“I wanted to show the kids here in Baltimore, or wherever I went, that someone out there cared for them and that I’m human,” he said. “Because I think sometimes as athletes we’re put on a pedestal, and I never wanted that. I felt like playing football, even though I loved it and enjoyed it, that was a job, and I love helping people. So it just started to come together, and I just felt like that was my duty, my purpose. Along the way, of course, I had to start balancing out doing that and also making sure I had time for the family as well.”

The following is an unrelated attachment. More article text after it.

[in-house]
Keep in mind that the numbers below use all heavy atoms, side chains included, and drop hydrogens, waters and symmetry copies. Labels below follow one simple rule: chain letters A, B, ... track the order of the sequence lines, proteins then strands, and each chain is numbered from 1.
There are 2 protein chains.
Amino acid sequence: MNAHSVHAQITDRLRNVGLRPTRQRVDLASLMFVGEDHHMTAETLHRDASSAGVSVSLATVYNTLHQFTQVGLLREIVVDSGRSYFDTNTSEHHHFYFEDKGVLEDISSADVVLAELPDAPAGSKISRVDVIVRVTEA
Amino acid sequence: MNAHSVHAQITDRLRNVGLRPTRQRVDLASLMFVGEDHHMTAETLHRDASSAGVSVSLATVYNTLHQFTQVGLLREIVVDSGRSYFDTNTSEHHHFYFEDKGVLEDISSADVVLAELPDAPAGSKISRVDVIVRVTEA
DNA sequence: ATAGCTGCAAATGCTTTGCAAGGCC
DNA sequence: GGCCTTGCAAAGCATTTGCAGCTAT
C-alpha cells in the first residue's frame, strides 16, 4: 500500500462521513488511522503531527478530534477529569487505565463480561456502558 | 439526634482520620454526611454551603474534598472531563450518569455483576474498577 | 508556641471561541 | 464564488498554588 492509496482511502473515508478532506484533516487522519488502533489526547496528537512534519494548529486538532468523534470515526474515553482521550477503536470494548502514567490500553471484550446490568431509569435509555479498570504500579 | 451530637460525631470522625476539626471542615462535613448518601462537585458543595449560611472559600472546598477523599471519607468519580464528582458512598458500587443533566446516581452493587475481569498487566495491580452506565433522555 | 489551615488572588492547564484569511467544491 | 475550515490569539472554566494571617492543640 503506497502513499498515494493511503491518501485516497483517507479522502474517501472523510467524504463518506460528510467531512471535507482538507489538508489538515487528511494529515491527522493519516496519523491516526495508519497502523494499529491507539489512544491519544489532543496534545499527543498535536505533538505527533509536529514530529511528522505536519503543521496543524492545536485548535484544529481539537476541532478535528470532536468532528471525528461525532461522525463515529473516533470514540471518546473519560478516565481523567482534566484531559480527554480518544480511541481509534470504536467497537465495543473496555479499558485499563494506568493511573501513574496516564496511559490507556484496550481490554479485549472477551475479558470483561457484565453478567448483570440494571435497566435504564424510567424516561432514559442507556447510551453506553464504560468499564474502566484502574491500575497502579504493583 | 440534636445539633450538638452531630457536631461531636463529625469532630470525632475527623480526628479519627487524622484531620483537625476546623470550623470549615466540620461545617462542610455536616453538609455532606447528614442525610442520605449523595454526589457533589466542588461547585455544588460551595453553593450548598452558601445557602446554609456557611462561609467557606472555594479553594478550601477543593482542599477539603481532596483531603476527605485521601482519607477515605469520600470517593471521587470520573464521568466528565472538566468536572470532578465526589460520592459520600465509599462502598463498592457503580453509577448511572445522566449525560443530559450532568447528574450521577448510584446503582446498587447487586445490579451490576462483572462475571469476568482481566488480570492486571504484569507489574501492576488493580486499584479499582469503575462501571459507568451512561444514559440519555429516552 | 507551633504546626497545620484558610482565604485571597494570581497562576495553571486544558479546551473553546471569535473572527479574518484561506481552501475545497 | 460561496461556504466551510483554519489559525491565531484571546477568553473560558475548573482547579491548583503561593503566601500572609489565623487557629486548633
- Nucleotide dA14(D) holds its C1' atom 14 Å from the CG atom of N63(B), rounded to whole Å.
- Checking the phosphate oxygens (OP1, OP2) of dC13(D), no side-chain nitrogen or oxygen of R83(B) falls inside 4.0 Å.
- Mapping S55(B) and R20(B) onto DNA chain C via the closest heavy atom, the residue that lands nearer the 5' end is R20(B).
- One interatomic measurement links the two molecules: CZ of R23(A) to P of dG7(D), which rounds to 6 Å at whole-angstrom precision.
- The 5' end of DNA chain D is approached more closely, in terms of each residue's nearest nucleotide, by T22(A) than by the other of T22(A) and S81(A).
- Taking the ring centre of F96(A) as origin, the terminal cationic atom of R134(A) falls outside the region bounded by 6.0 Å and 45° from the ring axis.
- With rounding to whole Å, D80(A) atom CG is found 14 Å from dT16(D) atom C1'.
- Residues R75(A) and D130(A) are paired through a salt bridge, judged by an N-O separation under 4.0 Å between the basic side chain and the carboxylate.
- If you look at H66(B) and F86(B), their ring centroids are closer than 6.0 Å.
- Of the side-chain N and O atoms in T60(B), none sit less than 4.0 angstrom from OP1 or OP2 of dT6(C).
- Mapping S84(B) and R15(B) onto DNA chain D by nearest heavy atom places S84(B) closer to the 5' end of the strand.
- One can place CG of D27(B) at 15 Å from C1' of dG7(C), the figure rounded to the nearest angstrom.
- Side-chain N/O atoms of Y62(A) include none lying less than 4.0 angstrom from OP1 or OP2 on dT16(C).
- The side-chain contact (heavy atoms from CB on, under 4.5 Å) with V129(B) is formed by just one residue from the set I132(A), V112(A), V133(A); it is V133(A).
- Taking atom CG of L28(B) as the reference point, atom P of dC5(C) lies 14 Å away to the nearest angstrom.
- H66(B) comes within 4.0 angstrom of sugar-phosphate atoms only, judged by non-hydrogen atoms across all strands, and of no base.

He came to UVA in 1998 and redshirted that fall. For the next three seasons, Mason contributed at wide receiver and on special teams. In 1999 and 2000, he played for head coach George Welsh. In 2001, he played for Welsh’s successor, Al Groh.

Mason’s career statistics: 50 receptions for 596 yards and four touchdowns; 12 carries for 101 yards and two TDs; and 44 kickoff returns for 1,004 yards and one TD. In each of his three seasons, Mason led the Wahoos in kickoff returns.

His most memorable performance came on Nov. 10, 2001, in an heart-stopping and action-packed ACC game at Scott Stadium. There were eight lead changes in the fourth quarter alone that night, but the Cavaliers finally emerged with a 39-38 win over the Georgia Tech Yellow Jackets.

“They would score, we would score,” Mason said. “They would score, we would score.”